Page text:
NRA News Promotes Dubious Acts Of Self-Defense To Advance False Gun Violence Narrative

Daily segments on NRA News that push the false claim that guns are more likely to be used in self-defense than to commit a crime recently celebrated the actions of a shooter who police want charged with a felony and the case of a man whose murder conviction for shooting his tenant under disputed circumstances was recently overturned.

“The Armed Citizen File” and “Hero of the Day” are daily features on NRA News' televised show on The Sportsman Channel and radio show on SiriusXM, respectively. In both segments, host Cam Edwards shares media accounts of defensive gun use, which often conclude with the demise of alleged criminals. Online gun retailer sponsors “The Armed Citizen File” segment.

The purpose of the segments is to advance the notion that guns are often used for self-defense in the United States. Indeed, promotional material for one of the segments cites repeatedly discredited research to advance the claim that "[f]irearms are used more than two million times a year for personal protection":

The “more than two million” figure likely comes from the research of criminologist Gary Kleck, whose claim that up to 2.45 million defensive gun uses occur each year has been promoted on NRA News and throughout right-wing media.

But an analysis of Kleck's data has shown his figure to be an overestimation so great that it is mathematically impossible. David Hemenway, who heads the Harvard Injury Control Research Center, noted “serious methodological deficiencies” in Kleck's work that lead to absurd outcomes. For example, if Kleck's data about defensive gun uses and burglaries is accurate, in more than 100 percent of burglaries the victim defends themselves with a gun.

While the actual number of defensive gun uses is very difficult to estimate due to the rarity of the event, Hemenway and others at the Harvard Injury Research Control Center asked individuals to describe both defensive gun uses and instances where they were threatened by a gun in a 2000 study and found that as a ratio "[g]uns are used to threaten and intimidate far more often than they are used in self defense. Most self reported self defense gun uses may well be illegal and against the interests of society."

Considering the dearth of actual defensive gun uses in the United States it is no surprise that NRA News promotes less than clear-cut instances of self-defense. By comparison, a daily feature on shooting victims would have to cover close to 300 incidents a day considering that over 100,000 people are shot each year in the United States.

Here are two instances of gun use that seem less-than-heroic featured on NRA News during the last week:

  • On January 8, “The Armed Citizen File” featured the story of a confrontation between Mervin Brewer and suspected shoplifters in Arizona. In Edwards' telling of the incident, Brewer observed a security guard following two suspected shoplifters out of a store and admitted to opening fire on them after the suspected shoplifters pointed guns at the security guard and Brewer. No one was injured. Although details of the incident are still vague, on January 9 local news reported that Glendale, Arizona police are recommending to the Maricopa County Attorney's Office that Brewer be charged with felony of unlawful discharge of a firearm. A local Fox affiliate reported that the gun brandished by the alleged shoplifter was a toy. Edwards acknowledged on January 9, “had we known that those charges might have been filed, we probably not would have used that story.”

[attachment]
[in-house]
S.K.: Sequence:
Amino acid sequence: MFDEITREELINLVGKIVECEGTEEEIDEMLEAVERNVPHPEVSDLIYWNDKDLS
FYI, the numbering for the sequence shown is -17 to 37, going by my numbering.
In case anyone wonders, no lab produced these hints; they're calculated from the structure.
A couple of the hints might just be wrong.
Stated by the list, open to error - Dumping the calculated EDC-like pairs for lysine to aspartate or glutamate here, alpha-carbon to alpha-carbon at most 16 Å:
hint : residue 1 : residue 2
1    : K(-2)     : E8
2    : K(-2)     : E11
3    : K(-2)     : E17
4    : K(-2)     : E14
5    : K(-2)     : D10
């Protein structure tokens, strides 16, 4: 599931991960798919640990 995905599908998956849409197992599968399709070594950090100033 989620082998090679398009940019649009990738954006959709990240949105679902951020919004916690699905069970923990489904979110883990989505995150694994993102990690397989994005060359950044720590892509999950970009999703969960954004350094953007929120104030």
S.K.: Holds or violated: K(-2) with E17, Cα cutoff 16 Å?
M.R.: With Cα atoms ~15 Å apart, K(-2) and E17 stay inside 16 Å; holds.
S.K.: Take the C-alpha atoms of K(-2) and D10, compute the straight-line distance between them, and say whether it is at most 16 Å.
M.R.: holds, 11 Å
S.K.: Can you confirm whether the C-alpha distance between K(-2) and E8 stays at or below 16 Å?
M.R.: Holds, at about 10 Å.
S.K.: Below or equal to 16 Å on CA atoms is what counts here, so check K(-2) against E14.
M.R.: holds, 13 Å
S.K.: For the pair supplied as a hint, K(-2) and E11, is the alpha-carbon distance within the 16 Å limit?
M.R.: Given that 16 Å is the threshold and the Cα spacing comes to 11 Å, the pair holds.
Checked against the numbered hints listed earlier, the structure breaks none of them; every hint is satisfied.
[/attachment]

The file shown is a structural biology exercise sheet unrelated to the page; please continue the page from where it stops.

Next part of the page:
• During the January 9 “Hero of the Day” segment, Edwards discussed the case of Wyoming resident Gabriel Drennen who was released from prison in December 2013 after being convicted of first-degree murder in 2011. Edwards relayed how Drennen's conviction was overturned because of erroneous instructions to the jury and that a new prosecutor -- who described himself as “a staunch proponent of the Second Amendment” -- declined to retry Drennen. While throwing out an error-tainted verdict may have been the correct legal outcome, court documents reveal that Drennen's actions the day he shot Leroy Hoster were hardly heroic.

    In a ruling on Drennen's appeal, the Supreme Court of Wyoming explained that Drennen killed an unarmed tenant who threw him over a fence during an argument over the tenant's inability to leave Drennen's property because of a flat tire. The incident started with Drennen approaching the tenant, Leroy Hoster, and stating, “You push me around, I push you around,” and ended with Hoster exclaiming, “Shoot me!” before Drennen shot him multiple times:

    As Mr. Drennen walked toward the mobile home, he said to the other two men, “You push me around, I push you around.” Mr. Hoster threw his jacket to the ground and walked toward Mr. Drennen, insulting him. Mr. Drennen responded, “No trespassing.” Mr. Hoster then told Mr. Drennen to “get the f* *k out of here,” grabbed him, and threw him from the porch and over a three to four foot high fence into the yard. According to Mr. Drennen, Mr. Hoster also said, “I'll kill you, you son-of-a-b* *ch!” Mr. Drennen landed on his back and tried to scoot backward when Mr. Hoster started coming over the fence. Mr. Drennen yelled “hey, hey, hey!” but Mr. Hoster kept coming towards him and said, “Shoot me!” Mr. Drennen fired five shots, hitting Mr. Hoster multiple times.

    Discussing his move to dismiss all charges against Drennen, Fremont County Attorney Michael Bennett said of Drennen, “While he may be condemned in the court of public opinion for his decisions, the same will not be true for his actions in a court of law.” Hoster's family expressed shock at the decision, with this mother of his child stating, “I don't see how [Bennett] thinks he can't get a conviction.” Still, Edwards claimed that the incident was “a clear-cut case of self-defense.”